Updated: May 20
Christina Harrelson developed this fun project you can do at home with kids (or adults!). Use whatever clay you have on hand!
1. Go for a walk to find the perfect rock for your butterfly. I like smooth flat ones, like a river rock! Maybe pick up a few, one for each pocket. Make sure they aren’t too big though, about the size of the palm of your hand is perfect. You’ve got to be able to carry them back home after all!
2. Once you have found your perfect butterfly rock, head home to set up your crafting station. To begin, all you need are some Crayons! Acrylic paint or sharpies work well too, as long as it doesn’t wash away with water.
3. Make sure your rock is clean before you begin, a quick rinse and dry in the sun for a little bit should do the trick.
Now that you have a clean, dry rock, draw yourself a butterfly! This critter could be anything you want it to be, does it have legs? How about antennae? How many eyes do you want that sucker to have? Really go nuts, after all this is YOUR butterfly!
4. Once you have divined your precious rock butterfly into existence, it’s time to cover that baby up with clay!
Check out our “Clay Safety at Home” guidelines if you are working in the house, but if the weather allows, its best to do this part outside.
5. Get your clay out and make two pancakes a little bigger than your rock. Make a rock, pancake sandwich, and then smoosh it all together until your rock is securely surrounded by it’s clay chrysalis! You can use a TINY amount of water if your clay starts to crack and to help shape your cocoon, but not a lot, you don’t want it to melt away (not yet *wink wink*).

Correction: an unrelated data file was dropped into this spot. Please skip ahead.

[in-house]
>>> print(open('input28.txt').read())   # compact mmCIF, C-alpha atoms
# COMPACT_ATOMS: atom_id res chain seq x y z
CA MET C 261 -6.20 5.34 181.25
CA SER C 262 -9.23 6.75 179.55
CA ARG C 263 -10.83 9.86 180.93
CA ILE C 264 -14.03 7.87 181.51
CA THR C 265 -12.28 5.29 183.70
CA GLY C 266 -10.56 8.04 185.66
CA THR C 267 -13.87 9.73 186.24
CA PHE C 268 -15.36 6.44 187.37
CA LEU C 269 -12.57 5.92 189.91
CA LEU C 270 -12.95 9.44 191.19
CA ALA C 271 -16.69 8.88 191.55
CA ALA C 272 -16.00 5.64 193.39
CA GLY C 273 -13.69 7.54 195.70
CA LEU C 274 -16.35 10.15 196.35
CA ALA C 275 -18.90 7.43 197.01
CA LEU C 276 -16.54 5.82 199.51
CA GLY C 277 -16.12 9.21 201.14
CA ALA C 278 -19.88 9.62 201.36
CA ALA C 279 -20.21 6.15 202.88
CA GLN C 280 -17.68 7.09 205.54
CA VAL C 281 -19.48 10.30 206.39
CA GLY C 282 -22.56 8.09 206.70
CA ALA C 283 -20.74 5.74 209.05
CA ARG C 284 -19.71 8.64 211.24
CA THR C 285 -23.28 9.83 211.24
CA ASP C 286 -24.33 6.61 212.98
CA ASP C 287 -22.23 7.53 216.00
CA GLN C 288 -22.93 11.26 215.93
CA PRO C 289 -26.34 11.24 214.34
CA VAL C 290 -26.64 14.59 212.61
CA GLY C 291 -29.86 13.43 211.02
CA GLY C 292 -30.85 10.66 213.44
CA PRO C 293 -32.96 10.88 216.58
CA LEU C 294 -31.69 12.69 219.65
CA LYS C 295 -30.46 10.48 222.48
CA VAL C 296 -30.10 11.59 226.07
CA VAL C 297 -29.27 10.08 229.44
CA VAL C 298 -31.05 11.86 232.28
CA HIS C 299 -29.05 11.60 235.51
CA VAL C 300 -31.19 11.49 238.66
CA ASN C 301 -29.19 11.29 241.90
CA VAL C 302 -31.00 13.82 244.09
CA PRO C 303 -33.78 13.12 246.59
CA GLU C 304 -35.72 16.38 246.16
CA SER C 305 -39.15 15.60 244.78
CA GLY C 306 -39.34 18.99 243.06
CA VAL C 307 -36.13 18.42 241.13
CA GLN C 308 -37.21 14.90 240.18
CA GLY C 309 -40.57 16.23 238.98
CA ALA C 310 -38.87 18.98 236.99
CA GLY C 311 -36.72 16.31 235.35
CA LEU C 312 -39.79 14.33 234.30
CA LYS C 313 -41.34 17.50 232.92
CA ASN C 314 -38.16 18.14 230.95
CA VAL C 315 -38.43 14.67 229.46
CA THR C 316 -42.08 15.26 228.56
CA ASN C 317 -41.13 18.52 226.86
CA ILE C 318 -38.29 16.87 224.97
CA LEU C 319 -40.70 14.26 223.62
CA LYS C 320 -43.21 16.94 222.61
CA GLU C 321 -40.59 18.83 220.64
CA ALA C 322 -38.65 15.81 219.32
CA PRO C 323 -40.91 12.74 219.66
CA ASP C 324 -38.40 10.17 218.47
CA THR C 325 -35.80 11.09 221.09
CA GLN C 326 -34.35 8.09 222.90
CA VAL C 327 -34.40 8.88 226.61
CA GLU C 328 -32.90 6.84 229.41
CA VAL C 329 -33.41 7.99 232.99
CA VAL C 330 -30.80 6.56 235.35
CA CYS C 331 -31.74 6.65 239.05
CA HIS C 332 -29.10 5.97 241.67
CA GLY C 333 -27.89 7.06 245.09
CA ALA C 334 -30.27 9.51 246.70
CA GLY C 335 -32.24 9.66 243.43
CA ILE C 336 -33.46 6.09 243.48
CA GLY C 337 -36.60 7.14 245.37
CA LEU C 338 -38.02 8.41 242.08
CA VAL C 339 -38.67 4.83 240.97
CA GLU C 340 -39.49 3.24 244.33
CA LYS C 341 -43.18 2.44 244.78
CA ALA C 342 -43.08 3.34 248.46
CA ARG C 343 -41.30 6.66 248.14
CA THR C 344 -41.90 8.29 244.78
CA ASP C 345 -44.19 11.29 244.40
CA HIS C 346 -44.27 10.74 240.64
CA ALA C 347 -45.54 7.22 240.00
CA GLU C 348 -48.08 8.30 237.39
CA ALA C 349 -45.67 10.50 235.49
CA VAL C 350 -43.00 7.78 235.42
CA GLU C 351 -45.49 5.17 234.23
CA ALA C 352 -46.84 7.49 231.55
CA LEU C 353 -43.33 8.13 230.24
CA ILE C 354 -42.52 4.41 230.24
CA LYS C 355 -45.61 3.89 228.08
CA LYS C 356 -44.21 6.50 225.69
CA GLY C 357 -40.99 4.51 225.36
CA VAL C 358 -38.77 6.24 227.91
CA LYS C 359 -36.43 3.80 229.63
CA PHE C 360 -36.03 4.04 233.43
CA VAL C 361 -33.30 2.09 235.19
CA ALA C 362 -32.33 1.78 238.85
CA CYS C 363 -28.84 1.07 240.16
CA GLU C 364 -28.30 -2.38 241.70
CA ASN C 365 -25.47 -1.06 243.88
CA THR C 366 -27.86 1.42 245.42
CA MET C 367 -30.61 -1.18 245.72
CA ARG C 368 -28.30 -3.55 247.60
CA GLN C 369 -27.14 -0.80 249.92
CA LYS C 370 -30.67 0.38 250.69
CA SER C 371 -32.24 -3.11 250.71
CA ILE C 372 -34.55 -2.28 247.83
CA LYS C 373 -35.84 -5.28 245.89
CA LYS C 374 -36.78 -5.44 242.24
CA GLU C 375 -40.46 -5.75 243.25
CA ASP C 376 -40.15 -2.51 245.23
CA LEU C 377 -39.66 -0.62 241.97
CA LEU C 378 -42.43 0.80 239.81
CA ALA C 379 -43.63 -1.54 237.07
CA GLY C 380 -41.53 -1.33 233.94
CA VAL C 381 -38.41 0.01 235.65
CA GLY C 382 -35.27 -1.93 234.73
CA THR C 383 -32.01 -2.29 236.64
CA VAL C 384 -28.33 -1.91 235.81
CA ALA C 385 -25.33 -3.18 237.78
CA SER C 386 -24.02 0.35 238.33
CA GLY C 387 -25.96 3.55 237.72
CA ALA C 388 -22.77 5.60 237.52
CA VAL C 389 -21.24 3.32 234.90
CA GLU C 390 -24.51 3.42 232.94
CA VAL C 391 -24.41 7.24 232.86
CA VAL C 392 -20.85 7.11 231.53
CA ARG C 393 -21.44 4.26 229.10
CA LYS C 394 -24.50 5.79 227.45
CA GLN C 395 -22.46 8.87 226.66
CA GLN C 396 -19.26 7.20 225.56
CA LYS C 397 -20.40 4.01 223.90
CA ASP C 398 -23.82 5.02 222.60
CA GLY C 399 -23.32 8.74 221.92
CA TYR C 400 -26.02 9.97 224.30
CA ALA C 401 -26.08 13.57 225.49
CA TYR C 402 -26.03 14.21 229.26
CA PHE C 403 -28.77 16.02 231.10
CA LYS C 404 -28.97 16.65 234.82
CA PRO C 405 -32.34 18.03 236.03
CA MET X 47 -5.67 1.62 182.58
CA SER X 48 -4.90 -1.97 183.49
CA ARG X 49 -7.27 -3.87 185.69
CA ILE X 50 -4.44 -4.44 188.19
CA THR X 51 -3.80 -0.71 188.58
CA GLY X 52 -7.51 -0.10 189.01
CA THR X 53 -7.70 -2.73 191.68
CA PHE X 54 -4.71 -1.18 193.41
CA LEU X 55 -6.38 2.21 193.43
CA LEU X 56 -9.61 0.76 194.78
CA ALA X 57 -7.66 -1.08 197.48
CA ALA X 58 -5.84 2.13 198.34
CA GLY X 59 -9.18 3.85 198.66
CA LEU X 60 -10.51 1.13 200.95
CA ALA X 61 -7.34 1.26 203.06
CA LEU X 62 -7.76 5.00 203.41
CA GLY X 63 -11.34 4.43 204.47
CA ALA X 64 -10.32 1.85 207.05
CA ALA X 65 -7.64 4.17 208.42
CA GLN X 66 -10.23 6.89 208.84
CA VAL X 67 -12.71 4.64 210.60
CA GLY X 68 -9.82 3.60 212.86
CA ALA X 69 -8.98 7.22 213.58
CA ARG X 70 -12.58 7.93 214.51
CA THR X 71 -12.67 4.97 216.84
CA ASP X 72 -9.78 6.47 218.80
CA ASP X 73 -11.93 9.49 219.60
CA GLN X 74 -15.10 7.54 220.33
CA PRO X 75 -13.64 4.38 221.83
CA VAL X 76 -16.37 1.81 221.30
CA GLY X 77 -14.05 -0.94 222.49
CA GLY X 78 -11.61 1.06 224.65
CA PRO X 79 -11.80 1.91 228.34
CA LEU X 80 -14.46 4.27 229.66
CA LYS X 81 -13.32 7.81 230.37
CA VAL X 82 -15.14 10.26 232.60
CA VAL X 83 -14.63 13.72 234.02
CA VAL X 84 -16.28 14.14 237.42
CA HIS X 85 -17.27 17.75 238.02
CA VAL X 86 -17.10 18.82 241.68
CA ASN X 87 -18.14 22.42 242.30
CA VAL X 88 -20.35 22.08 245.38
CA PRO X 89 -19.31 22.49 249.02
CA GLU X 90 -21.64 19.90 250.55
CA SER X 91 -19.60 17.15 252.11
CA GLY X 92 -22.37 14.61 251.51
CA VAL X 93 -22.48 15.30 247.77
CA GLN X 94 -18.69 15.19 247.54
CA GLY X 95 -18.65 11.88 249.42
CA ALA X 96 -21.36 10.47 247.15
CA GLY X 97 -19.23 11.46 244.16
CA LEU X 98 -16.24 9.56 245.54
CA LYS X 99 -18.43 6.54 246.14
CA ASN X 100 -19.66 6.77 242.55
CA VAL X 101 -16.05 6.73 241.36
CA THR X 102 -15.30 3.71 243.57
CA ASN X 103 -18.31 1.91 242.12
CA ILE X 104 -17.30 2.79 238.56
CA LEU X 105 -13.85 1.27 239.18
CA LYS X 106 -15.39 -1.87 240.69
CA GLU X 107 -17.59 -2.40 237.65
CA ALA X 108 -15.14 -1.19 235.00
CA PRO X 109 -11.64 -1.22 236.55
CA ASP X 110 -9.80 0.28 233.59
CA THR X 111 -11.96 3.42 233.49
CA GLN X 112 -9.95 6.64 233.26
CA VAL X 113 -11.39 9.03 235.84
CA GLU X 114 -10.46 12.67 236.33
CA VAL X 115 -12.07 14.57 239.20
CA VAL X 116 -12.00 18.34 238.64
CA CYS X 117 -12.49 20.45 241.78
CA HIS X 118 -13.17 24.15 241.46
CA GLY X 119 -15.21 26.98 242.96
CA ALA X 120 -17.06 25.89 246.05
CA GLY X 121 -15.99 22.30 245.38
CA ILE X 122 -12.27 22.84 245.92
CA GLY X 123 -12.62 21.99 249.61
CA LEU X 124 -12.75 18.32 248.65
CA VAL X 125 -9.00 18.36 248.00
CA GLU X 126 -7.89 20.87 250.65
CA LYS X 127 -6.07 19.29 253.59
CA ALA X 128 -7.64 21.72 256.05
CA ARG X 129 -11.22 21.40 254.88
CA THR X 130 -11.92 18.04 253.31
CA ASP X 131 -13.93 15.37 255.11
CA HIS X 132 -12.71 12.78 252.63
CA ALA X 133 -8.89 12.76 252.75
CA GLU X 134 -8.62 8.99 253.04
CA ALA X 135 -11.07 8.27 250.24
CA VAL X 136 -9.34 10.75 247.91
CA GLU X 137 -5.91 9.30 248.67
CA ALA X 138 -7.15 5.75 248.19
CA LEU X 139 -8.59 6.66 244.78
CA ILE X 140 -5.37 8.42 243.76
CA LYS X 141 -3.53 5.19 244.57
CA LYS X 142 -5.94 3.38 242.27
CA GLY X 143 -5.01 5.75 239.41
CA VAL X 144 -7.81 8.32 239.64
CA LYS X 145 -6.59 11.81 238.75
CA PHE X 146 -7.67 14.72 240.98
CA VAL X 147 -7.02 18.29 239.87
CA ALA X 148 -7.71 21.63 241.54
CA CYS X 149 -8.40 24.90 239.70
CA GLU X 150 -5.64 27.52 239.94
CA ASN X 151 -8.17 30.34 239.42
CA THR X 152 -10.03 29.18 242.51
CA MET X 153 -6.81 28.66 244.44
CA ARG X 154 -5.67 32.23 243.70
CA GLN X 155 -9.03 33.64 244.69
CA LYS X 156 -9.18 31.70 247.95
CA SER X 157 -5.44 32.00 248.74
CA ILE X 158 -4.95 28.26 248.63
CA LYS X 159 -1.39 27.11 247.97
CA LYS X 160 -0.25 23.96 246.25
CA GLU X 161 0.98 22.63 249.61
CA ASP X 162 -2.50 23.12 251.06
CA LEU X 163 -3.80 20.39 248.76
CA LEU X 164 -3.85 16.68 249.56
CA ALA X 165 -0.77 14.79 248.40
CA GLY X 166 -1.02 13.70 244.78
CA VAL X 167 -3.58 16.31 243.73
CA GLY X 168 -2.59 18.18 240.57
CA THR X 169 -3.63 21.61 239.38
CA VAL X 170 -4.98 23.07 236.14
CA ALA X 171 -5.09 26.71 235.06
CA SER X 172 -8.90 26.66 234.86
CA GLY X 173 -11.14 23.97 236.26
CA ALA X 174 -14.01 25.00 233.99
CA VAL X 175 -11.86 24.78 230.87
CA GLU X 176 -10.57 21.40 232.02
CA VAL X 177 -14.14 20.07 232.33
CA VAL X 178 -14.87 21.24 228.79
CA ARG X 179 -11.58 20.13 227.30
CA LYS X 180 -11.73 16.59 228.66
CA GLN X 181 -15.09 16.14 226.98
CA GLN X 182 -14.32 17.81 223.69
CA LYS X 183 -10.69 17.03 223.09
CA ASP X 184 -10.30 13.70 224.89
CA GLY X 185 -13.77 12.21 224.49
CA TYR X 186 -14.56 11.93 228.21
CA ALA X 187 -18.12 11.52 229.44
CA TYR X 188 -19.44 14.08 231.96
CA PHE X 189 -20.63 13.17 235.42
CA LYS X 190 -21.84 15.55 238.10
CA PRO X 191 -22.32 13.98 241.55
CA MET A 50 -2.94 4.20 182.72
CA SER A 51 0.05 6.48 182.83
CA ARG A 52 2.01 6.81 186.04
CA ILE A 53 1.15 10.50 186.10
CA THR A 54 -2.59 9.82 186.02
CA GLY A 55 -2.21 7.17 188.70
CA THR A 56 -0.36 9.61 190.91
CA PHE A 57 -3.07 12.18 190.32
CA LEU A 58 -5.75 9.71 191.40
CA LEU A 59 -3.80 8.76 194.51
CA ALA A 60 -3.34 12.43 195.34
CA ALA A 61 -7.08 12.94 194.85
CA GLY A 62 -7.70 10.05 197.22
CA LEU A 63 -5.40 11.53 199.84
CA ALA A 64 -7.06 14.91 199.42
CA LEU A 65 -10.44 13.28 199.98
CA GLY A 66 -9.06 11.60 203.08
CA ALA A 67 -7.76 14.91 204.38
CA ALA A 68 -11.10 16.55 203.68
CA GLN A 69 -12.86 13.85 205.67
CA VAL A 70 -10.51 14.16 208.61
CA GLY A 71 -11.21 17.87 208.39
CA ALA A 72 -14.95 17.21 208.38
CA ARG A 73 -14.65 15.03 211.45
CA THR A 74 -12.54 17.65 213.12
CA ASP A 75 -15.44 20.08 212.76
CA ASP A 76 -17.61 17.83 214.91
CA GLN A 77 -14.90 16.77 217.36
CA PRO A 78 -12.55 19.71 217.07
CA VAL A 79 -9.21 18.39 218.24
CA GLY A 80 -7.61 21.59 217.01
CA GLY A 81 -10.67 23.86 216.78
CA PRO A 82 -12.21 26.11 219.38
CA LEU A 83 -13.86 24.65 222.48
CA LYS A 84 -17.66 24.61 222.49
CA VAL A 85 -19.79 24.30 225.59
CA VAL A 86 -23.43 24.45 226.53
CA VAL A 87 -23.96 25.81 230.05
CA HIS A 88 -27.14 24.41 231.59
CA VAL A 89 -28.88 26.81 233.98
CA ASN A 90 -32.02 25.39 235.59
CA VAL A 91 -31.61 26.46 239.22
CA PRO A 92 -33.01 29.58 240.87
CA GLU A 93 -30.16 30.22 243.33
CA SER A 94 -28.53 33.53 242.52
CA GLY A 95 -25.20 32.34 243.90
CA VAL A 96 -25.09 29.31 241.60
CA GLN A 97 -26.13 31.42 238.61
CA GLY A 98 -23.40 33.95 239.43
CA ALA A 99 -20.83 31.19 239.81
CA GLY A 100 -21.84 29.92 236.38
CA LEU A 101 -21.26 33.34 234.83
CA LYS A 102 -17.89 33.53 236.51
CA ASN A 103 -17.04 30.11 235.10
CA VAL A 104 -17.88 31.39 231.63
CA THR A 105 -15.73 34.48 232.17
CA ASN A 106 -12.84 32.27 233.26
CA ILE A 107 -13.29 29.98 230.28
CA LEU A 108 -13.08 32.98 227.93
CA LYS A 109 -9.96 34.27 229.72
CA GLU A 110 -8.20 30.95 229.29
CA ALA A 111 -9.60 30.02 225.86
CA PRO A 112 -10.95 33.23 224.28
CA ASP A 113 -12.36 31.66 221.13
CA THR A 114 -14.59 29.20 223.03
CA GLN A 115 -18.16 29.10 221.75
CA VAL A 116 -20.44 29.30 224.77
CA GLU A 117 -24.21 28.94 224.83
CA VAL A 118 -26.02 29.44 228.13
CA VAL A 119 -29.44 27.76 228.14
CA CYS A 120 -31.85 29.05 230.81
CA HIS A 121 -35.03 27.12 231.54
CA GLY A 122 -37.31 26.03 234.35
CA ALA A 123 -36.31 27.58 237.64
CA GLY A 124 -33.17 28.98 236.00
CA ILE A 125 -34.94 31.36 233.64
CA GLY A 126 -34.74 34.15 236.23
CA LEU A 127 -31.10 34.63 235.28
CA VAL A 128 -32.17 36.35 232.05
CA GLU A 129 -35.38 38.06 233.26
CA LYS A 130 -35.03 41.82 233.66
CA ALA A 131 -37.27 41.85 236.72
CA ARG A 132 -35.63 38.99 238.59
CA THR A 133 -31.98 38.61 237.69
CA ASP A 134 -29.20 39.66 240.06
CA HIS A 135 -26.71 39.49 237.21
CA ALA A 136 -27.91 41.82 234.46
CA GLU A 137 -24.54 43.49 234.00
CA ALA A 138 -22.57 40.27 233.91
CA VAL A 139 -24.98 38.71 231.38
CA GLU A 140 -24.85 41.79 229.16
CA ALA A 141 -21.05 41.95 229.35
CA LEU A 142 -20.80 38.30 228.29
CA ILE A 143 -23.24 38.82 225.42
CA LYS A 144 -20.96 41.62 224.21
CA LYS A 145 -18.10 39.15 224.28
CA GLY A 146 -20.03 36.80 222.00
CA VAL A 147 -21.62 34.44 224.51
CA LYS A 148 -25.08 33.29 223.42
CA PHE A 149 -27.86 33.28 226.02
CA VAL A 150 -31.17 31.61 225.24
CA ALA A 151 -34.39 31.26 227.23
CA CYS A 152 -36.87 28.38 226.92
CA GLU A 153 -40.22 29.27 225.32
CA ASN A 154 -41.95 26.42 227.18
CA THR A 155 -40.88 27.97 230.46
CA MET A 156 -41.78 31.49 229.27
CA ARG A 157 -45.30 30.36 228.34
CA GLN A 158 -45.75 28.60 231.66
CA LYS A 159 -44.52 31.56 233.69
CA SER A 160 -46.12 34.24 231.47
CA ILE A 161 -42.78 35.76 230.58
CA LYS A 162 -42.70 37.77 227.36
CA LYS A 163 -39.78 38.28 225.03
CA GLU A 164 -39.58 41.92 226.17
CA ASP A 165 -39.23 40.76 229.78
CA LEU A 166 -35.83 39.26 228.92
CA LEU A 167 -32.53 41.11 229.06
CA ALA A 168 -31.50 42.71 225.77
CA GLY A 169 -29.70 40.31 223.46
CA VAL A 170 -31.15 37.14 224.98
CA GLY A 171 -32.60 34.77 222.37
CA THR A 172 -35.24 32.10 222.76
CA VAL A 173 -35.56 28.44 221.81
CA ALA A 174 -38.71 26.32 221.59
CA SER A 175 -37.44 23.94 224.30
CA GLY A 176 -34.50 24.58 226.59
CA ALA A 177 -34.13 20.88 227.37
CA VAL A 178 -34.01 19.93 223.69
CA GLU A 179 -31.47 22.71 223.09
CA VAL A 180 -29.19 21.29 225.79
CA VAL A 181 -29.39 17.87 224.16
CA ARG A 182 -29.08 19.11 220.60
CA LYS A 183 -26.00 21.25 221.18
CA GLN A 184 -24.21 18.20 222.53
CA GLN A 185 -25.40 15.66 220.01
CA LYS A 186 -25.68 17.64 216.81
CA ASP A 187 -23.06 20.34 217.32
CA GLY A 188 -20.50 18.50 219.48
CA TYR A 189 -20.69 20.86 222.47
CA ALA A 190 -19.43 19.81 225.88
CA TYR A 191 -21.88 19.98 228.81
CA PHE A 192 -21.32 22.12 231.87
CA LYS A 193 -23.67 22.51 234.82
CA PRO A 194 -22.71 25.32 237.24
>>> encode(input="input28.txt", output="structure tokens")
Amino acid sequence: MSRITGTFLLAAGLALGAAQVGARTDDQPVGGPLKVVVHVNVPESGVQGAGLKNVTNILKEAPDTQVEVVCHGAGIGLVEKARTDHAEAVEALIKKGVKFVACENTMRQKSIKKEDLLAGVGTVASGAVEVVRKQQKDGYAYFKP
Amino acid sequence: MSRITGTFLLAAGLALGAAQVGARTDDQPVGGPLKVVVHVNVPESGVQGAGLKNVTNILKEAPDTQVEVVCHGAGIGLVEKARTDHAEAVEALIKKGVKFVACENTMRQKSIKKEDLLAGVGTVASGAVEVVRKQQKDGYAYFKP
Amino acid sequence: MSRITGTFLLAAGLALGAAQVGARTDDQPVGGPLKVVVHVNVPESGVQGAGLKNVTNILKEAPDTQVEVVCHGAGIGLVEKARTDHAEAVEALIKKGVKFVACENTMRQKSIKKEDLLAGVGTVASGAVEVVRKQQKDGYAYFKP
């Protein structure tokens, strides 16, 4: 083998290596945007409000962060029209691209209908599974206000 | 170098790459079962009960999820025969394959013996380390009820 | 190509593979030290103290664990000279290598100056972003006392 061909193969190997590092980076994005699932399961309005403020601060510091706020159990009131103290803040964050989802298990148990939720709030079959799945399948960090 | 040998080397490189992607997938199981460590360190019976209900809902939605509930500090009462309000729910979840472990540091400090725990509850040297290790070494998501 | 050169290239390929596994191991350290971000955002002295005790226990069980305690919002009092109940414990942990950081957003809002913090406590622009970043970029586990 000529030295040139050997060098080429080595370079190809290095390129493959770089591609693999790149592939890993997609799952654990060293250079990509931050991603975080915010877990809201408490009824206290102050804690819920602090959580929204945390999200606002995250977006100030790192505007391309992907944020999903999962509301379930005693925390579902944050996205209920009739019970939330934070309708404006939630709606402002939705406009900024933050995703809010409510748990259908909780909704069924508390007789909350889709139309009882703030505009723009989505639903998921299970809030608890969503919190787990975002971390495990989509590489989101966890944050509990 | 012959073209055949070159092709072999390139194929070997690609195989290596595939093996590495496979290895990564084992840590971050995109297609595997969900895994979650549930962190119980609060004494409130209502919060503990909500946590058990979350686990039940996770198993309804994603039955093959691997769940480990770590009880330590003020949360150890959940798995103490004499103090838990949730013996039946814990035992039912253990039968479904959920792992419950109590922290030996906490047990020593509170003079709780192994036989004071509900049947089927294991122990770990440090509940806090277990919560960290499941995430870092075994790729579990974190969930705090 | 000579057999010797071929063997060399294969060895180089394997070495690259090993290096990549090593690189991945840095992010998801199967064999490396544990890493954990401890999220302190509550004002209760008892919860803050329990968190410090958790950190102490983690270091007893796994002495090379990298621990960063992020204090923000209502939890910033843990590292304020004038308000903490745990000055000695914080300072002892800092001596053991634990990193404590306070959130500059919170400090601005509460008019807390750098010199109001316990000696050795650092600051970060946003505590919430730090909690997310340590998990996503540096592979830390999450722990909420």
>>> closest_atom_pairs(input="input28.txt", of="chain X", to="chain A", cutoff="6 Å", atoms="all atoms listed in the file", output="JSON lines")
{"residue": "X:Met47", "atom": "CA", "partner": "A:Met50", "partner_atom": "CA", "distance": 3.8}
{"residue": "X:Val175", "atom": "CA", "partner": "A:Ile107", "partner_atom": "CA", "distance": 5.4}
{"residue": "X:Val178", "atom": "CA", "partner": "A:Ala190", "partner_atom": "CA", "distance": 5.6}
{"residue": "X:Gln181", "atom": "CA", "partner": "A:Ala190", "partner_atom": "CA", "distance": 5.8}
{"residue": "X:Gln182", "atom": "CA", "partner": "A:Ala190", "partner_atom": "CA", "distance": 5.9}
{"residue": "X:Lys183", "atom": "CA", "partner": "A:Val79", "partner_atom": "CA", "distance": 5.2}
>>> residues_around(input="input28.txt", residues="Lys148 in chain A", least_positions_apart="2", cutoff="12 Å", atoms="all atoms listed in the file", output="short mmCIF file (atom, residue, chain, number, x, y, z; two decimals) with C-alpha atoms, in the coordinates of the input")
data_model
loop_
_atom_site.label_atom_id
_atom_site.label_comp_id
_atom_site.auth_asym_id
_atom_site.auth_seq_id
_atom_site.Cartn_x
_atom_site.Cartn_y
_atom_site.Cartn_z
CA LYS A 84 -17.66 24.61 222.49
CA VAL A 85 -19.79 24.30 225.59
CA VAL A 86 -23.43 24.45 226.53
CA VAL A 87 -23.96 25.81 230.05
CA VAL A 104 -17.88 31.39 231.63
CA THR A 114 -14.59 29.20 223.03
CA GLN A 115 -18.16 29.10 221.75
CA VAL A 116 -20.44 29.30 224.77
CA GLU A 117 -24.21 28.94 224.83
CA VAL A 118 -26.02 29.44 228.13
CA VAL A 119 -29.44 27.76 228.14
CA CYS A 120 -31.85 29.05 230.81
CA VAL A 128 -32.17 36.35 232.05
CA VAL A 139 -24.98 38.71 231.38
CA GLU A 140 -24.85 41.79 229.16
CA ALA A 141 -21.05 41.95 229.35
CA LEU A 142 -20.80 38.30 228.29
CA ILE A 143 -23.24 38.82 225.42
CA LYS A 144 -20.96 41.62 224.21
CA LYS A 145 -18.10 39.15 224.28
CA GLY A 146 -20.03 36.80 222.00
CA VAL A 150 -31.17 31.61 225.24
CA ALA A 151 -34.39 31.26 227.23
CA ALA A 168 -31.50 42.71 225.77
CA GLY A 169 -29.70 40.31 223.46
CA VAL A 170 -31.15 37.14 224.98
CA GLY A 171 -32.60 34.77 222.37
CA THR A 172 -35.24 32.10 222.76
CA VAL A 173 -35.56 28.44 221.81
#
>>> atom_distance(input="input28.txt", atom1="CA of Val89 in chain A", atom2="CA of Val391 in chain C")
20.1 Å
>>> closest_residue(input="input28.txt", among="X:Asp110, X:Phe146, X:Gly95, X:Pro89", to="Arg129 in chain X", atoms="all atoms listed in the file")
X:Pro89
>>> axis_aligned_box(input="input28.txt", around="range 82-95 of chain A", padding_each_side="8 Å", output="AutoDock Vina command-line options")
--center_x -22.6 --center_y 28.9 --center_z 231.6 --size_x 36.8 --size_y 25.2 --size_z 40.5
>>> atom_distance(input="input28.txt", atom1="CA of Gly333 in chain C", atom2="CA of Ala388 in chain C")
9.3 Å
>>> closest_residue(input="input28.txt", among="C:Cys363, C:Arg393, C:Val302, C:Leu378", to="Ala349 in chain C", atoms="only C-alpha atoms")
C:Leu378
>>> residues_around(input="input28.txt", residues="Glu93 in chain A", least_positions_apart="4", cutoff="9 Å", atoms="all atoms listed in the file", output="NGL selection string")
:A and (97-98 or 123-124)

1. Once you are done forming your chrysalis, comes the hardest part… waiting. Choose a good sunny spot on the pavement for your project to dry. If the weather is yucky, find a safe, dry spot inside for it to dry out.
You will know your Chrysalis is dry when it is hard, and not cold to the touch. The dryer it is the better, for releasing your butterfly, but I get it if you don’t want to wait too long. Wait at least a day for drying before the next step.
2. Now, you can release your butterfly a few different ways. You can leave your chrysalis outside, somewhere special, and wait for the weather to release your butterfly over time. This can be a fun task to check on the erosion every day. Most real butterflies stay in their chrysalis for 5-21 days before emerging! Check out this video of a monarch butterfly’s life cycle.
If you want to speed things up, you can help nature along by placing your chrysalis in the garden, lawn, or anywhere really and spraying it with a hose or dumping buckets of water on it. Might not be as graceful of a transition into the world, but will get the job done. The clay chrysalis should melt away, releasing your fresh new butterfly into the world!
This is a great project to repeat and make your own, after all a rock can be anything! Other fun options are dinosaurs being released from their egg, or flowers growing out of a seed!